Express wants to be more than a mall brand.
That was a talking point the company hit on several times throughout its third-quarter earnings report on Thursday morning. It echoed what CEO Tim Baxter has been saying for nearly two years. In January 2020, Baxter rolled out a new plan for Express called ExpressWayForward that’s meant to get the brand away from its mall-centric history. Since then, Express showed some marked progress toward that goal, opening smaller format stores, growing its digitally native brand and focusing on new marketing channels like TikTok.
The Q3 results that support Express’ plan include a 26% increase in e-commerce sales, compared to last year, putting it on track for its 2024 goal of $1 billion in e-commerce sales. Overall sales growth was up 47%, compared to last year. It’s also seen a 25% increase in quarterly Google searches for the brand since the first quarter of 2021. Fifty percent of customers at its non-mall retail locations are new to the brand.
Express also reported success in marketing this year. Highlights include a second-quarter TikTok campaign called #ExpressReEntry that drove 49 million impressions and a third-quarter Tiktok campaign called “30 Seconds to Confidence” that saw 58 million impressions.
“Reinvigorating the Express brand started with reimagining our product, and we have done that,” Baxter said on the earnings call. He pointed to 12% sales growth in its denim segment in the third quarter, after completely redesigning every piece in the category in the second quarter. Baxter said the combination of new and enhanced products and new marketing channels has been key.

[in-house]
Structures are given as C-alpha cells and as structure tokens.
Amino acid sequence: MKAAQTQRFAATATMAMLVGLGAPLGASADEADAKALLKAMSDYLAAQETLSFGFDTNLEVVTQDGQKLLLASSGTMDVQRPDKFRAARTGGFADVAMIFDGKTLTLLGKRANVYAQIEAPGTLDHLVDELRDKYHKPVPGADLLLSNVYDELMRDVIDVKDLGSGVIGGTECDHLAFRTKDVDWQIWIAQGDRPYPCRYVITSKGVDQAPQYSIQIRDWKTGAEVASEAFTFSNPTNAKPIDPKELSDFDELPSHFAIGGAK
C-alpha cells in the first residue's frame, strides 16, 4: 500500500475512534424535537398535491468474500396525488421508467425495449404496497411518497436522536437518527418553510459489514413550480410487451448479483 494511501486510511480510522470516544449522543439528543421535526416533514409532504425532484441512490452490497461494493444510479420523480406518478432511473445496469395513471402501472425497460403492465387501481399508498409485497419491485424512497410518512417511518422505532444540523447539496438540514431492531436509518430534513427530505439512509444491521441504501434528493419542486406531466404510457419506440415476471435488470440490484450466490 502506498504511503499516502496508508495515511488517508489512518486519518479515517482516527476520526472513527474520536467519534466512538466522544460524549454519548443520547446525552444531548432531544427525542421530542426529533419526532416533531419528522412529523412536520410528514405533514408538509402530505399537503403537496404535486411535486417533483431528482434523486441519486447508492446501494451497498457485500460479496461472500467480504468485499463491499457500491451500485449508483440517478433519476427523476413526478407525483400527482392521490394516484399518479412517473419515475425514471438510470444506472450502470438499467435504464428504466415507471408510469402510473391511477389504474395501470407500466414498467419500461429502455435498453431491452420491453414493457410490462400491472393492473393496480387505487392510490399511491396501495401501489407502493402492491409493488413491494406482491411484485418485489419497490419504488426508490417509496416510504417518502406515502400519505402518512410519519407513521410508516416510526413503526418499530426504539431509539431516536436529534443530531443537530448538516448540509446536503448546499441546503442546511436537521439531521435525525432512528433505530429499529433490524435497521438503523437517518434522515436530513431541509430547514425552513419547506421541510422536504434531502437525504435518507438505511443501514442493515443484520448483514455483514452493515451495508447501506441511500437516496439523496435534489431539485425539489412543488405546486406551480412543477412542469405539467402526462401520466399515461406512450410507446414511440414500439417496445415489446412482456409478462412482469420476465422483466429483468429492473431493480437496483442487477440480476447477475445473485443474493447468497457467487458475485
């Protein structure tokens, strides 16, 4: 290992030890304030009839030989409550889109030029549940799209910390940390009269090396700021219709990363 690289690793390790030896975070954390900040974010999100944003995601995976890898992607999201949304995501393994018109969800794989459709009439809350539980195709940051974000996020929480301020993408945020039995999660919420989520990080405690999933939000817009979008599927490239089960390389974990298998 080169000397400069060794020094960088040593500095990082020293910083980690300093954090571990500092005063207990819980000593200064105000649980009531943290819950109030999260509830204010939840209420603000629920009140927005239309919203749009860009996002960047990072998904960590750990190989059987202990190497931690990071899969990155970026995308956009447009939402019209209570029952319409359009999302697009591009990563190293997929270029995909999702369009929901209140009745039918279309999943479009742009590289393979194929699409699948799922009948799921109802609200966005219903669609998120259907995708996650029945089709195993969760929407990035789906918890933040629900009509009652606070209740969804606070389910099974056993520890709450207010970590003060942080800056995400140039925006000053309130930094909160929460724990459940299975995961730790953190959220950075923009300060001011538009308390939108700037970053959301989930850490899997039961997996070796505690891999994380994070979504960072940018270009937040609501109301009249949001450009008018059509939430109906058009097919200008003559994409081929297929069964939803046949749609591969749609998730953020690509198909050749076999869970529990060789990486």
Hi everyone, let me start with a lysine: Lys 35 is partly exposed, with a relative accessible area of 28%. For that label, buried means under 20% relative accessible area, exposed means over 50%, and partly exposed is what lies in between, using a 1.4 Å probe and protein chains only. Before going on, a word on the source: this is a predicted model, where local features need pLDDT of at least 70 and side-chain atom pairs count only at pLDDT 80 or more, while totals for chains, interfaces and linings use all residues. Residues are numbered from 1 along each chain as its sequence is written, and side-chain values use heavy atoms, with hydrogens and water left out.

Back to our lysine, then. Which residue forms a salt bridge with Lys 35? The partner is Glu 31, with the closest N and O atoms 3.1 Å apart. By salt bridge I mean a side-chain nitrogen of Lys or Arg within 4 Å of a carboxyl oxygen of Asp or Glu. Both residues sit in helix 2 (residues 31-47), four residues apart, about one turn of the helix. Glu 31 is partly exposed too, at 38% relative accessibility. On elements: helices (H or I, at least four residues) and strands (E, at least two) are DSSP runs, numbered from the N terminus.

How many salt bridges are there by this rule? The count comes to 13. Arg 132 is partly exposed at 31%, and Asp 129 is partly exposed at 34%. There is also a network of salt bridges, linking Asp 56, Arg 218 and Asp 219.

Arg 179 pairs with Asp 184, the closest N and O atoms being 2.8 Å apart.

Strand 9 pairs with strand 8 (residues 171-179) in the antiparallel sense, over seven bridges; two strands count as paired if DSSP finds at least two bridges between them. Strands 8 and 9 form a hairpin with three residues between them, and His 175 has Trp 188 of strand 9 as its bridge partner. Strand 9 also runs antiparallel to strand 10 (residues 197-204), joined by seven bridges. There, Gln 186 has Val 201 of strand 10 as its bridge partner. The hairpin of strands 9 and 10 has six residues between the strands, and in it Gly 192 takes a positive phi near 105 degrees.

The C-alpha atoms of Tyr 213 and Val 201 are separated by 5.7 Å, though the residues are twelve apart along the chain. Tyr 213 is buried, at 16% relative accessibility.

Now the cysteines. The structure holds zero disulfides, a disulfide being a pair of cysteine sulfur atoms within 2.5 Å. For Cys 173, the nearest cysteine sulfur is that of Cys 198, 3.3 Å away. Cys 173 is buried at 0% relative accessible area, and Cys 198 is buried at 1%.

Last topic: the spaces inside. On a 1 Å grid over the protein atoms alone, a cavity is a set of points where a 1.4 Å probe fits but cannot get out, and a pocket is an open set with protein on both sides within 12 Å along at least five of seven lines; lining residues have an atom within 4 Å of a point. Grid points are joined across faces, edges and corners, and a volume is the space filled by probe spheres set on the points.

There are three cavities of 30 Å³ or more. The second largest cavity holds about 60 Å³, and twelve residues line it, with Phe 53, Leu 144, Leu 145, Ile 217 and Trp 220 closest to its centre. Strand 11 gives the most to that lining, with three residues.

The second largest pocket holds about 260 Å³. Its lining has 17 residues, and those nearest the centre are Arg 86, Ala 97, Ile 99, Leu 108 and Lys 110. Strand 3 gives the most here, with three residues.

“We have also reduced promotional activity significantly,” Baxter said. “And we have taken a portion of the markdown dollar reduction and have reinvested that back into marketing.”
Express has also been moving away from opening stores in malls, instead opening five small-format concept stores under 4,500 square feet in non-mall locations. The latest was opened in Boston’s Chestnut Hill neighborhood in the third quarter.
Most notably, after not mentioning Express’ 2-year-old digitally native brand UpWest in its last quarterly earnings, Baxter highlighted UpWest this quarter as an area of growth for the brand. Express opened two new brick-and-mortar UpWest stores in the quarter, bringing the total to seven. Express did not break down UpWest’s revenue separate from the entire company’s sales, but Baxter said sales of UpWest are “tracking ahead of many digitally native brands in their second year.”
Although Baxter said the vast majority of UpWest sales are still online, geographic areas where UpWest has a physical presence, like Illinois and Ohio, also have the highest online sales. He took that as a sign that physical retail is still a good investment for UpWest.
With UpWest growing, Express will continue looking to emulate the modern DTC model of brand-building, Baxter said. According to some analysts, that’s a key way to avoid the fate of other mall brands like Forever 21.
“To remain relevant, all brands, whether traditional ‘mall brands’ or those competing in the DTC space, need to establish brand loyalty and retention by creating an emotional connection with their customers,” said Marta Rattazzi, director of retail at supply chain consulting company enVista.